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Tokyo, Japan

Tokyo Institute of Technology is a national top-tier research university located in Greater Tokyo Area, Japan. Tokyo Tech is the largest institution for higher education in Japan dedicated to science and technology. Tokyo Tech enrolled 4,850 undergraduates and 5,006 graduate students for 2009–2010. It employs around 1,400 faculty members.Tokyo Tech's main campus is located at Ōokayama on the boundary of Meguro and Ota, with its main entrance facing the Ōokayama Station. Other campuses are located in Nagatsuta and Tamachi. Tokyo Tech is organised into 6 schools, within which there are over 40 departments and research centres.Operating the world-class supercomputer Tsubame 2.0, and taking a breakthrough in high-temperature superconductivity, Tokyo Tech is a major centre for supercomputing technology and condensed matter research in the world.Tokyo Tech is a member of LAOTSE, an international network of leading universities in Europe and Asia exchanging students and senior scholars. In 2011 it celebrated the 130th anniversary of its founding. Wikipedia.

Somiya K.,Tokyo Institute of Technology
Classical and Quantum Gravity | Year: 2012

The construction of the Japanese second-generation gravitational-wave detector KAGRA (previously called LCGT) has been started. In the next 67 years, we will be able to observe the spacetime ripple from faraway galaxies. KAGRA is equipped with the latest advanced technologies. The entire 3 km long detector is located in the underground to be isolated from the seismic motion, the core optics are cooled down to 20 K to reduce thermal fluctuations and quantum non-demolition techniques are used to decrease quantum noise. In this paper, we introduce the detector configuration of KAGRA, its design, strategy and downselection of parameters. © 2012 IOP Publishing Ltd. Source

Akagi H.,Tokyo Institute of Technology
IEEE Transactions on Power Electronics | Year: 2011

This paper discusses the modular multilevel cascade converter (MMCC) family based on cascade connection of multiple bidirectional chopper cells or single-phase full-bridge cells. The MMCC family is classified from circuit configuration as follows: the single-star bridge cells (SSBC); the single-delta bridge cells (SDBC); the double-star chopper cells (DSCC); and the double-star bridge cells (DSBC). The term MMCC corresponds to a family name in a person while, for example, the term SSBC corresponds to a given name. Therefore, the term MMCC-SSBC can identify the circuit configuration without any confusion. Among the four MMCC family members, the SSBC and DSCC are more practical in cost, performance, and market than the others although a distinct difference exists in application between the SSBC and DSCC. This paper presents application examples of the SSBC to a battery energy storage system (BESS), the SDBC to a static synchronous compensator (STATCOM) for negative-sequence reactive-power control, and the DSCC to a motor drive for fans and blowers, along with their experimental results. © 2011 IEEE. Source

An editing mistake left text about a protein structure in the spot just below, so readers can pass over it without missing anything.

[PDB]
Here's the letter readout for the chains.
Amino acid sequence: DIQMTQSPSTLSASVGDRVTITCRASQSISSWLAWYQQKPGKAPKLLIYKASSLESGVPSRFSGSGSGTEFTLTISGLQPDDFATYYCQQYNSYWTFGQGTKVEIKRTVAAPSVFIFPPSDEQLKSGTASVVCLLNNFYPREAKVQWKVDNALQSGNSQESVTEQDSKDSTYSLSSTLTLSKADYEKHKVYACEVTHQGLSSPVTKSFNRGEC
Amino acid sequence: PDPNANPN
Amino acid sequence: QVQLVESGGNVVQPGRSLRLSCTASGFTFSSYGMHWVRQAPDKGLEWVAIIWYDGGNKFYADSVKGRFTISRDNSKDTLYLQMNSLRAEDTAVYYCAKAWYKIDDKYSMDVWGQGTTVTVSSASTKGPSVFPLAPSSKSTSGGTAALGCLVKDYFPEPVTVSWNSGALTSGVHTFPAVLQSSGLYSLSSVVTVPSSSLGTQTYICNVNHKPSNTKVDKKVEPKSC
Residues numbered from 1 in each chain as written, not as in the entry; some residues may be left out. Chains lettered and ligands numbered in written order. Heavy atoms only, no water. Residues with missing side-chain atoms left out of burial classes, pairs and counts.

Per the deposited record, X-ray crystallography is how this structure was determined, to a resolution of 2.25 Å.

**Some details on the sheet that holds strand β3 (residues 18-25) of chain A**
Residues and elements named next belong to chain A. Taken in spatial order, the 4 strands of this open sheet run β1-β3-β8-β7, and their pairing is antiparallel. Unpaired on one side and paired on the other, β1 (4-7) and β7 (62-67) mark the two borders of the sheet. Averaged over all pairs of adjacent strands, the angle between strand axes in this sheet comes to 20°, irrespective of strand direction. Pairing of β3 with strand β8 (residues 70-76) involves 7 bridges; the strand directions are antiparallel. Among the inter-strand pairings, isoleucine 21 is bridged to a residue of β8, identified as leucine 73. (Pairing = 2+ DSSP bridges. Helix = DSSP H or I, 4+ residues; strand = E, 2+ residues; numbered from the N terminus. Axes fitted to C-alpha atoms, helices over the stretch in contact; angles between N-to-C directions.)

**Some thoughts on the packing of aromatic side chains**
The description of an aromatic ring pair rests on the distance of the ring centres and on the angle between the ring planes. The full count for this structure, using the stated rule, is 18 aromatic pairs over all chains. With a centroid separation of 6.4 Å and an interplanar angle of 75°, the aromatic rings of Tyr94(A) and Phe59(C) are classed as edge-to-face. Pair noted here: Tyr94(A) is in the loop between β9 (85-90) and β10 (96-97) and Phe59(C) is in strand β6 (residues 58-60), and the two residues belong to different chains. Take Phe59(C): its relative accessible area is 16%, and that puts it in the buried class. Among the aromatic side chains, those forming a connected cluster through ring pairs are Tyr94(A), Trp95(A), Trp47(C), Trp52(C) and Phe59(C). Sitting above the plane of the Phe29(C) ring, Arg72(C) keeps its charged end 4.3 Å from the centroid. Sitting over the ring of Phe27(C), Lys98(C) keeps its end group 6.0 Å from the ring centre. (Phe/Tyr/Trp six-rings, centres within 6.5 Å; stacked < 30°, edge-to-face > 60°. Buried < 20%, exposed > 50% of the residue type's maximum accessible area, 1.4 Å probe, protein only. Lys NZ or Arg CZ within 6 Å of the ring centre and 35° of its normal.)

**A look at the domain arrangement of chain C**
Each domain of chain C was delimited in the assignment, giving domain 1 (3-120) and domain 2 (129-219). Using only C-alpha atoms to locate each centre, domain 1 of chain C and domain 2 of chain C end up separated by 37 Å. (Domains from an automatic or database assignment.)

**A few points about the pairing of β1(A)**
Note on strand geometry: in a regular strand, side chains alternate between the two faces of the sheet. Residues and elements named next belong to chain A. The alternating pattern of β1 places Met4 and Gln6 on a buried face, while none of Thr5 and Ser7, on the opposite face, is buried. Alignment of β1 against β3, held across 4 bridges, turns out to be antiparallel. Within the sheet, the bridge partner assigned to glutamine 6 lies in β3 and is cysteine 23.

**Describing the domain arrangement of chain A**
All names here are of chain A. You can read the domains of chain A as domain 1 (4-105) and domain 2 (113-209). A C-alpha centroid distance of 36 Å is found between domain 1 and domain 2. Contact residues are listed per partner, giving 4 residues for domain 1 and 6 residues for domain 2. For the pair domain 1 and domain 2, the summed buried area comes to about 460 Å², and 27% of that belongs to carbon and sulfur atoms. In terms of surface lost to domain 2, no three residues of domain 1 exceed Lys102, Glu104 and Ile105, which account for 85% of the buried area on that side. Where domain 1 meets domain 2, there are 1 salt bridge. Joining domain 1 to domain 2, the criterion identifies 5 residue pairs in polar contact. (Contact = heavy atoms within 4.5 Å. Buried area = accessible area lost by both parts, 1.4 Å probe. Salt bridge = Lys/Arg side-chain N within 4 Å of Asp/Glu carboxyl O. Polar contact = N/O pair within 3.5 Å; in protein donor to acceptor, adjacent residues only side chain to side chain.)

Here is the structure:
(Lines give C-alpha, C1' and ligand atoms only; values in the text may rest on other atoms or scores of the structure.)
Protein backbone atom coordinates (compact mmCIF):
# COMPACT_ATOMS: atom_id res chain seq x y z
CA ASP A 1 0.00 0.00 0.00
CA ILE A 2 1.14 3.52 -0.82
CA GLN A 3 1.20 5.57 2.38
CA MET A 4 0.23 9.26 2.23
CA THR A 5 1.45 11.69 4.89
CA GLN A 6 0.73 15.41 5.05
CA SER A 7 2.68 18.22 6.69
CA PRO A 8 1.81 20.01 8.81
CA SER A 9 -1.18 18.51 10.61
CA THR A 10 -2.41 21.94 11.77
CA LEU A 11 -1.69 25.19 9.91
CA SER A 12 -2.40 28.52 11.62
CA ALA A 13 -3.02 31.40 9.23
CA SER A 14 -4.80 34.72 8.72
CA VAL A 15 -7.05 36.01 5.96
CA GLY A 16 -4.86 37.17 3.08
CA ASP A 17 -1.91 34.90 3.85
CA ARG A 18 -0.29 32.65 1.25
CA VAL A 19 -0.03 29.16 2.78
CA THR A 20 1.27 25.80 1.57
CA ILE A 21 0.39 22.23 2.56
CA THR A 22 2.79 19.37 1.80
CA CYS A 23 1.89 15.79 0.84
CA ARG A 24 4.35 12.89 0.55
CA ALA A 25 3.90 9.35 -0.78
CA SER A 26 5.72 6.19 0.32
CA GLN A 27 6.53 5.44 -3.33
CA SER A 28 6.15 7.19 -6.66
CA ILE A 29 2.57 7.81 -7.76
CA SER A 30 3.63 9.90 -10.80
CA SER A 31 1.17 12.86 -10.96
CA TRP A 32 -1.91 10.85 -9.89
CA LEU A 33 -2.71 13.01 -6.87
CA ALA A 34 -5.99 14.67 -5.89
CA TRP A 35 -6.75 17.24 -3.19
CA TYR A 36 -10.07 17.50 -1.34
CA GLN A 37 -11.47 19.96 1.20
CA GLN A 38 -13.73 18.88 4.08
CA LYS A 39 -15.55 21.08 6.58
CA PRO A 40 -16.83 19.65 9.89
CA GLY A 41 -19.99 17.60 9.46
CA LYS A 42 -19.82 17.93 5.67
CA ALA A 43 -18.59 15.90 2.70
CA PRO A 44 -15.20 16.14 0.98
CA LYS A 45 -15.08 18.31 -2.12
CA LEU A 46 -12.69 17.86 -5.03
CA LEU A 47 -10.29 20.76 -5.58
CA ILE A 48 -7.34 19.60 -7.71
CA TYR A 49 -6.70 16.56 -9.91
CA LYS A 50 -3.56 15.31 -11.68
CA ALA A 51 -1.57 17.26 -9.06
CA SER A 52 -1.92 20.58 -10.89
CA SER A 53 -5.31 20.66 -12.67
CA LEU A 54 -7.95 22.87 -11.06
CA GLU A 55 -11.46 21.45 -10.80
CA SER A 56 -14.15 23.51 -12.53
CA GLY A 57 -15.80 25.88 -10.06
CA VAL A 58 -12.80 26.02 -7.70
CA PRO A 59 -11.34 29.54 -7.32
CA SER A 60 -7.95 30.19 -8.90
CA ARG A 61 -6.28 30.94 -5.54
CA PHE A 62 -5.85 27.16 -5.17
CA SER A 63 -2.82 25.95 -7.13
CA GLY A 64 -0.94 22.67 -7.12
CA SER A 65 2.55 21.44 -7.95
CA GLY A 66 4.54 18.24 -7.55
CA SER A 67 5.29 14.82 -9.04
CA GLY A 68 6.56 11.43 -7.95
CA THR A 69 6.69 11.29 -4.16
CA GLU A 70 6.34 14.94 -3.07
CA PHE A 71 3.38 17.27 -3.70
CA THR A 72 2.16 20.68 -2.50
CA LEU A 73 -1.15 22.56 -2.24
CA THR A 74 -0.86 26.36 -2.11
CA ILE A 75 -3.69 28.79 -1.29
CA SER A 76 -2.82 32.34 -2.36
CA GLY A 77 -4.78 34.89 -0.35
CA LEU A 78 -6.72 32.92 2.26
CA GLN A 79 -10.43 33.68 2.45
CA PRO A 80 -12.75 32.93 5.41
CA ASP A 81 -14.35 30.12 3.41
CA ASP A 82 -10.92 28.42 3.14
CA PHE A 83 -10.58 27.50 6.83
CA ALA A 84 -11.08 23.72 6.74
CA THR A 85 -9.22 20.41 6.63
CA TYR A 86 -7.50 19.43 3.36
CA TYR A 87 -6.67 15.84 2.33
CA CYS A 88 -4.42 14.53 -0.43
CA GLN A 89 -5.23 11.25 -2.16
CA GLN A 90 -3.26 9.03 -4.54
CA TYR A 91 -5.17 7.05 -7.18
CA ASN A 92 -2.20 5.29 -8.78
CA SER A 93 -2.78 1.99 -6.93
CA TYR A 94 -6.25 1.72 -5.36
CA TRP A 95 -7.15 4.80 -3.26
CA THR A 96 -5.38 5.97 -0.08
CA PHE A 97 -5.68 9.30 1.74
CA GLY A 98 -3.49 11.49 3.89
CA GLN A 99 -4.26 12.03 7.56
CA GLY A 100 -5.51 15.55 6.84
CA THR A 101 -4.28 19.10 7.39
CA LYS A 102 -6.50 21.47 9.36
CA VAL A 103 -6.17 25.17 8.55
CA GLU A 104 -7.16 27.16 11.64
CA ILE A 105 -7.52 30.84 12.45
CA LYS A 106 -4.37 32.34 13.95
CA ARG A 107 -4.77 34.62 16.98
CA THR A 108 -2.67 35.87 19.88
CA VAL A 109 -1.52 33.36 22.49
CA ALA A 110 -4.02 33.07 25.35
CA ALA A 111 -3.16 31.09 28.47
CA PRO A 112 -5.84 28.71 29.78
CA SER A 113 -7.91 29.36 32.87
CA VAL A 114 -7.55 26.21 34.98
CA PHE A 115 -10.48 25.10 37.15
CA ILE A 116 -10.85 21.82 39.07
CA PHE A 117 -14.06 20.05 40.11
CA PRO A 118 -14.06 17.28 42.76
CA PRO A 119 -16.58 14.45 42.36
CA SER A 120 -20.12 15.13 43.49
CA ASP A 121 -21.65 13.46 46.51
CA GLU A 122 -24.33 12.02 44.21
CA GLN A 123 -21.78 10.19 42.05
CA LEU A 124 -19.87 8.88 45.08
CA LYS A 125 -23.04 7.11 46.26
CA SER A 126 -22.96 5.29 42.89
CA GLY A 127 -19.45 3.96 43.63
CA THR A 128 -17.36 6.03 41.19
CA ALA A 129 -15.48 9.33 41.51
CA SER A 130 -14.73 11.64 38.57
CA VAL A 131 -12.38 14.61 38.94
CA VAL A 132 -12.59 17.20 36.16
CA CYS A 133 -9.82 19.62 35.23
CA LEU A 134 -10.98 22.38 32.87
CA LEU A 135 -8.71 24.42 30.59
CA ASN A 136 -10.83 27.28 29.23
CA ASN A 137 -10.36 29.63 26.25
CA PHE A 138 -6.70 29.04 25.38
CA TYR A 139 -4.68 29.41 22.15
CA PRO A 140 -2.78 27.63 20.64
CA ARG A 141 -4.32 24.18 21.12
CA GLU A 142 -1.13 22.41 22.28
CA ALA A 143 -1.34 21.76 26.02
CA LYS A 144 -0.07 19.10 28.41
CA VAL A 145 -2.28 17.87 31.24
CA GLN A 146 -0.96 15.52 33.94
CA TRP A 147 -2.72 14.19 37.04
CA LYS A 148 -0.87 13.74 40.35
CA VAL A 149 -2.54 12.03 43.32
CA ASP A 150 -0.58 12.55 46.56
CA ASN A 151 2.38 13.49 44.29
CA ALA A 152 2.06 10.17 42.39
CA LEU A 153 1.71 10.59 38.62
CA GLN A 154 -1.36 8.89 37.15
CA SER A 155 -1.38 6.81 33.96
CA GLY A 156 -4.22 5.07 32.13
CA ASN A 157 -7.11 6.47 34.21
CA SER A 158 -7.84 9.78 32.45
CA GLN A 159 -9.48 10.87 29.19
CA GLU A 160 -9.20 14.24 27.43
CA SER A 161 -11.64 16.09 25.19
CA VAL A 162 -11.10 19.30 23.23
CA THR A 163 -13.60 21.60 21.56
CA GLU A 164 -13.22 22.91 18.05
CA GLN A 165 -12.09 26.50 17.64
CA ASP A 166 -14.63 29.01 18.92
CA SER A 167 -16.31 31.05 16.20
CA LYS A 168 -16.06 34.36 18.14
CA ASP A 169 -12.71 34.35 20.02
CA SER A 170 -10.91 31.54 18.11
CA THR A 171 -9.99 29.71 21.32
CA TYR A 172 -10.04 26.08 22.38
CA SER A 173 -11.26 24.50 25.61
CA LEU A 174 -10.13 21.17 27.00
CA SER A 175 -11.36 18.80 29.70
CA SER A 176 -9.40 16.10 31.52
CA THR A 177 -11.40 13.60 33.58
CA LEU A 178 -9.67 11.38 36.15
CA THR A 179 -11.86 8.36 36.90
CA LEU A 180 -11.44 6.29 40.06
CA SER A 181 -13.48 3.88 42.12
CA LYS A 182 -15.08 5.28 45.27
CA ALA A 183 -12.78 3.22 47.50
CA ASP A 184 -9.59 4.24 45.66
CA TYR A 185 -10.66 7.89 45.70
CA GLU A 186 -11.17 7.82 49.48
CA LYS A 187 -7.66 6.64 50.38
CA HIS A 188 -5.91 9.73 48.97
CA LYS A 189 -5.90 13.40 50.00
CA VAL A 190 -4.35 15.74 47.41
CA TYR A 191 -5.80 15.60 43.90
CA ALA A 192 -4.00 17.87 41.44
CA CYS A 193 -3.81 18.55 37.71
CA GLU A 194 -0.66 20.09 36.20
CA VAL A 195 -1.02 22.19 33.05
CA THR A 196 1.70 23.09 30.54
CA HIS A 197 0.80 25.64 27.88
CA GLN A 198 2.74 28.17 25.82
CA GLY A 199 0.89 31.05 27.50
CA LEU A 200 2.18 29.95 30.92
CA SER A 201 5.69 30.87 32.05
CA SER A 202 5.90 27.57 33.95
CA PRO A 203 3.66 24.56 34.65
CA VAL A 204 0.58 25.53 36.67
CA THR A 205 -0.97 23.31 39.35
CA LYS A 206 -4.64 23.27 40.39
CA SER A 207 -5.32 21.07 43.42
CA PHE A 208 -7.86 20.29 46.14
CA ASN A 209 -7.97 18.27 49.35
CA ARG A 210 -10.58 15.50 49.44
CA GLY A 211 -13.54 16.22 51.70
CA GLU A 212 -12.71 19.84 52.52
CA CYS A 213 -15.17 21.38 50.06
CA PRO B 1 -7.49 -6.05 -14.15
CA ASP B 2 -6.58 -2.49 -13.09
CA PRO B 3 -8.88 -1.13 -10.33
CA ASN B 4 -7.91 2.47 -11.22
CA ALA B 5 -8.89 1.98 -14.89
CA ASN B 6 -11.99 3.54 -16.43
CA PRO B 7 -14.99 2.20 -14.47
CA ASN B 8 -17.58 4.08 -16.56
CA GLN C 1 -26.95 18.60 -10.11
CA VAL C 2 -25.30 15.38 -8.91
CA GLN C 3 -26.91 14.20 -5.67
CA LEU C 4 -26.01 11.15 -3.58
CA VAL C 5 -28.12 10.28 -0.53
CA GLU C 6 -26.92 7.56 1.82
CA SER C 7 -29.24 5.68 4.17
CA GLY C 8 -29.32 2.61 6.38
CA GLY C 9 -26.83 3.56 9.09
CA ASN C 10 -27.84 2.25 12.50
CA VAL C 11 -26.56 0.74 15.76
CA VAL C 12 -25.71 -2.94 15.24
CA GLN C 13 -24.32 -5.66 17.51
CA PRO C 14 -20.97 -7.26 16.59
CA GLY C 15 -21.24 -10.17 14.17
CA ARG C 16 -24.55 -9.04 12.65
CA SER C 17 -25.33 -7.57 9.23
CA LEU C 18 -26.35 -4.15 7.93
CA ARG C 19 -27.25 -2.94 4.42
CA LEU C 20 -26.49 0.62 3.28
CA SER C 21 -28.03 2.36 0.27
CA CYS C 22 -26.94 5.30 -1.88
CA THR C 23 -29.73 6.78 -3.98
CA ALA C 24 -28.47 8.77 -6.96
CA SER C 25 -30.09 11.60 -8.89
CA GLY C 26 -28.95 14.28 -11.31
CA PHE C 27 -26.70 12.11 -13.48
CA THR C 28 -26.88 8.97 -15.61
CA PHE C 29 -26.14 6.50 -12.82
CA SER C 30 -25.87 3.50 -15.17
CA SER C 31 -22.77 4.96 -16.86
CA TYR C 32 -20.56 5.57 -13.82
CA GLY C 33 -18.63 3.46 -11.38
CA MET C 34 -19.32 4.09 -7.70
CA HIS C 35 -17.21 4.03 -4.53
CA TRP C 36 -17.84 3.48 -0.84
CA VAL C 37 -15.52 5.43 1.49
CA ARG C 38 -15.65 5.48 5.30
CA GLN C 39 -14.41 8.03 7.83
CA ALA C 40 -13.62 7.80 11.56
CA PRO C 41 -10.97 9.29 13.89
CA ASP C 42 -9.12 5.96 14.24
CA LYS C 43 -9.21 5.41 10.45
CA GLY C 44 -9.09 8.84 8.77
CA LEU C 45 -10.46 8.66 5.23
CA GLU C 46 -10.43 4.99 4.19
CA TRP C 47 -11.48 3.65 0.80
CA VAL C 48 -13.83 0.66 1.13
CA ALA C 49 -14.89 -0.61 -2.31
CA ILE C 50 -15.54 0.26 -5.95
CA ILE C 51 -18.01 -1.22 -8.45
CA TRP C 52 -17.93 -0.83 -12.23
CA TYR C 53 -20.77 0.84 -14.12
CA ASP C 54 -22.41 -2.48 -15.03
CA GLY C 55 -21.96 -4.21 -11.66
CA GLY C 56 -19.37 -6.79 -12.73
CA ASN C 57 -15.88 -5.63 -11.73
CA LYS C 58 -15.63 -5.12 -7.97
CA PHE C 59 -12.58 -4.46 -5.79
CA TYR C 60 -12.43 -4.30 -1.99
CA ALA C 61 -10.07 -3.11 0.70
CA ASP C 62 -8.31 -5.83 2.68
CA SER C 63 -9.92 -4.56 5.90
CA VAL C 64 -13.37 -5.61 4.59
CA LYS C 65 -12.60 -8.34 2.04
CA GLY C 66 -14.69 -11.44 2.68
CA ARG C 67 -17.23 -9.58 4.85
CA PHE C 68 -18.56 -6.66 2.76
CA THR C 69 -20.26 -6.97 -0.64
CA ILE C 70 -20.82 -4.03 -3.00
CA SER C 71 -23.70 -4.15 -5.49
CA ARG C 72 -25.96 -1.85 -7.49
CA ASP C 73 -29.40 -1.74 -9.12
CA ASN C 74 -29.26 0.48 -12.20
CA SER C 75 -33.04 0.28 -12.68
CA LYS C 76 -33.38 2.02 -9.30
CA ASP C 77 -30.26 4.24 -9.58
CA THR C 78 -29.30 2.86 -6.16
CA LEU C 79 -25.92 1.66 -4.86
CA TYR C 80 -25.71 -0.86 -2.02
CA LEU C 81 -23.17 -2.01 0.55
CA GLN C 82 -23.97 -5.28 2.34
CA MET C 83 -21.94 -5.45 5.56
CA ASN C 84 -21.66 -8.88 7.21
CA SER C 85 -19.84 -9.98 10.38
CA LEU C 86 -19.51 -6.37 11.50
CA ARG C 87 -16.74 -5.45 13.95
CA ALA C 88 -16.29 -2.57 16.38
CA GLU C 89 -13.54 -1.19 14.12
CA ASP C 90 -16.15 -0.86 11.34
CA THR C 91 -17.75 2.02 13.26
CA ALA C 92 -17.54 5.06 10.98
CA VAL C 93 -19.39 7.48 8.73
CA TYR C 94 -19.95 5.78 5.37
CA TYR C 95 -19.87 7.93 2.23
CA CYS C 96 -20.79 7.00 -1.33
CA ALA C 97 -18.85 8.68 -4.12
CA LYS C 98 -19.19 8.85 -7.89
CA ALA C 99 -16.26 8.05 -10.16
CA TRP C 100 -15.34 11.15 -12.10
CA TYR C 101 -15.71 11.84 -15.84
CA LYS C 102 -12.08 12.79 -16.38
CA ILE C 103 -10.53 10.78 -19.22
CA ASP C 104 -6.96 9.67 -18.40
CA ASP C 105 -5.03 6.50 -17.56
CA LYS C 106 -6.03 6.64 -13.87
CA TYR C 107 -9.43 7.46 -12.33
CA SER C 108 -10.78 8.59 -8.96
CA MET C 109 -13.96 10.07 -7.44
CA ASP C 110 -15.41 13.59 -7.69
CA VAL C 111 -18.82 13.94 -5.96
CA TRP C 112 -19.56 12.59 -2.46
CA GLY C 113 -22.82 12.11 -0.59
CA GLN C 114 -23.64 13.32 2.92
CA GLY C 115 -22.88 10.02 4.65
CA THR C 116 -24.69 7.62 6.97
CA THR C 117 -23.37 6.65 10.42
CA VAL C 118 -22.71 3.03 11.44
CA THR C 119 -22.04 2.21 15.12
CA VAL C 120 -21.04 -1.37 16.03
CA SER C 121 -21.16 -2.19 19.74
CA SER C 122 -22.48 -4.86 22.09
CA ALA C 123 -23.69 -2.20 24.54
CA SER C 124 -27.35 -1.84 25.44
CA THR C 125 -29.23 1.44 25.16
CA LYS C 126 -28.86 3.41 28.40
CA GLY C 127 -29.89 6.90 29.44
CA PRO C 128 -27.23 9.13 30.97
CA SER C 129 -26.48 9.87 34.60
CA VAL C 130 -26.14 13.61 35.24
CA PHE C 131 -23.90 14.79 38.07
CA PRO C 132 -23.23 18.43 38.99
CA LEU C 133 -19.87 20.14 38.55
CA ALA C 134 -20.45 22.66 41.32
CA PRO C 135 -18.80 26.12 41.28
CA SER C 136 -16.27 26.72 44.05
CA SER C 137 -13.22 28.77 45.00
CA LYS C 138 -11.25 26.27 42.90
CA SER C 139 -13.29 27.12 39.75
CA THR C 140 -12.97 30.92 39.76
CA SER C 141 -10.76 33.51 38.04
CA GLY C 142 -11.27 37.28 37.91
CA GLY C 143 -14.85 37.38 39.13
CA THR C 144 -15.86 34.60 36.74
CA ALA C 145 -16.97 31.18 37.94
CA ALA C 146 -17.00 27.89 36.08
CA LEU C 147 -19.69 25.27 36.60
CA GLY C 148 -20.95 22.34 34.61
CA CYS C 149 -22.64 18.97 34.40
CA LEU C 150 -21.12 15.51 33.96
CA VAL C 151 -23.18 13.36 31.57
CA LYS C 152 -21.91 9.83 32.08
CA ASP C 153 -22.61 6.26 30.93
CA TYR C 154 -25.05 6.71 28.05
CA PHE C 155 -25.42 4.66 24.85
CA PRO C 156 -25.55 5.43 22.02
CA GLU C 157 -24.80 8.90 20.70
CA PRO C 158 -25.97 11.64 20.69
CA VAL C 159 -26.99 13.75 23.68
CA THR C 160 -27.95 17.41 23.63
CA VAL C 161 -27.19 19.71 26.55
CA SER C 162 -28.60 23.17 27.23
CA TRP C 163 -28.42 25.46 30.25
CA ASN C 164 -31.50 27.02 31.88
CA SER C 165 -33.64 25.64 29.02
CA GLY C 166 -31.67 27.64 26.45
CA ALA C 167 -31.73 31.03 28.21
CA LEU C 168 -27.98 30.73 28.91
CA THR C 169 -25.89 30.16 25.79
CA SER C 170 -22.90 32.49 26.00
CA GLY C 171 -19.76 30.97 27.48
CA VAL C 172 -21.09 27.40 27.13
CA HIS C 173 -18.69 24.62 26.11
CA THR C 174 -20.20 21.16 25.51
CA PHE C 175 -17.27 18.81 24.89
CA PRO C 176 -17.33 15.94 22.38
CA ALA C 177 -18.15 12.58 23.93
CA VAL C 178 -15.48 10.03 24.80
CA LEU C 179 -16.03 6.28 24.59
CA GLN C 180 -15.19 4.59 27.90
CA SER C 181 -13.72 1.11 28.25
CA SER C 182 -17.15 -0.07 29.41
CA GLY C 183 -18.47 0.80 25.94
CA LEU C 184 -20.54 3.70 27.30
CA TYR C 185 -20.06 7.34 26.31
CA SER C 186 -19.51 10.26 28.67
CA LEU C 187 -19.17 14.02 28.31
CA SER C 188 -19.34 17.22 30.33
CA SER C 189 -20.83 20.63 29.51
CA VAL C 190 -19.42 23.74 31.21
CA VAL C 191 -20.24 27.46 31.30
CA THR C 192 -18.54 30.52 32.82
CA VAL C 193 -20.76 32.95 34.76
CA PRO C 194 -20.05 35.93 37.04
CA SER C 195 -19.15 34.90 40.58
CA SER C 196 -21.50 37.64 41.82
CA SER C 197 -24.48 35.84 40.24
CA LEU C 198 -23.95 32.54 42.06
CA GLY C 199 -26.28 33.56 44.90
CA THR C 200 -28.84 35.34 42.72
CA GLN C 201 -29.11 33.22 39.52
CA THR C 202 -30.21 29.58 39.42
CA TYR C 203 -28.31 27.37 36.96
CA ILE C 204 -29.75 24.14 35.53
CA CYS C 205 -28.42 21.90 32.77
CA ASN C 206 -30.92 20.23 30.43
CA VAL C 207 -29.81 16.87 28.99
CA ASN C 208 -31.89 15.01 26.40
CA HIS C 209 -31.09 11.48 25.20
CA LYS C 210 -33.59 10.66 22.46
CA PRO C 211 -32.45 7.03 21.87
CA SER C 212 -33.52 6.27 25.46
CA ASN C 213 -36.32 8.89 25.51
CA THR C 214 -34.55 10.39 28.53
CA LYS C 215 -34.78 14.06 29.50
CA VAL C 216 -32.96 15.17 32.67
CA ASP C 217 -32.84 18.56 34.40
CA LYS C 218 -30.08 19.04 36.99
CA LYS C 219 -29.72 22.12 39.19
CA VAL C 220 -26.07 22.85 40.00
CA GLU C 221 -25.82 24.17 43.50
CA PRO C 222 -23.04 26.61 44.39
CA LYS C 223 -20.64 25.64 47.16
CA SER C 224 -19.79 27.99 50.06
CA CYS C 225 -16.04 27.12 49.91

Yoshida N.,Tokyo Institute of Technology | Kanda J.,Tokyo University of Marine Science and Technology
Science | Year: 2012

Ongoing radionuclide monitoring and tracking efforts are required following the nuclear accident at the Fukushima Daiichi Nuclear Power Plant. Source

Yoshizawa M.,Tokyo Institute of Technology | Klosterman J.K.,Bowling Green State University
Chemical Society Reviews | Year: 2014

Anthracene, with its molecular panel-like shape and robust photophysical behaviour, is a versatile building block that is widely used to construct attractive and functional molecules and molecular assemblies through covalent and non-covalent linkages. The intrinsic photophysical, photochemical and chemical properties of the embedded anthracenes often interact to engender desirable chemical behaviours and properties in multi-anthracene assemblies. This review article focuses on molecular architectures with linear, cyclic, cage, and capsule shapes, each containing three or more anthracene subunits. © The Royal Society of Chemistry. Source

Nishida Y.,Tokyo Institute of Technology
Physical Review Letters | Year: 2013

We propose a simple but novel scheme to realize the Kondo effect with ultracold atoms. Our system consists of a Fermi sea of spinless fermions interacting with an impurity atom of different species which is confined by an isotropic potential. The interspecies attraction can be tuned with an s-wave Feshbach resonance so that the impurity atom and a spinless fermion form a bound dimer that occupies a threefold-degenerate p orbital of the confinement potential. Many-body scatterings of this dimer and surrounding spinless fermions occur with exchanging their angular momenta and thus exhibit the SU(3) orbital Kondo effect. The associated Kondo temperature has a universal leading exponent given by TK exp ¡[-π/(3apkF3)] that depends only on an effective p-wave scattering volume ap and a Fermi wave vector kF. We also elucidate a Kondo singlet formation at zero temperature and an anisotropic interdimer interaction mediated by surrounding spinless fermions. The Kondo effect thus realized in ultracold atom experiments may be observed as an increasing atom loss by lowering the temperature or with radio-frequency spectroscopy. Our scheme and its extension to a dense Kondo lattice will be useful to develop new insights into yet unresolved aspects of Kondo physics. © 2013 American Physical Society. Source

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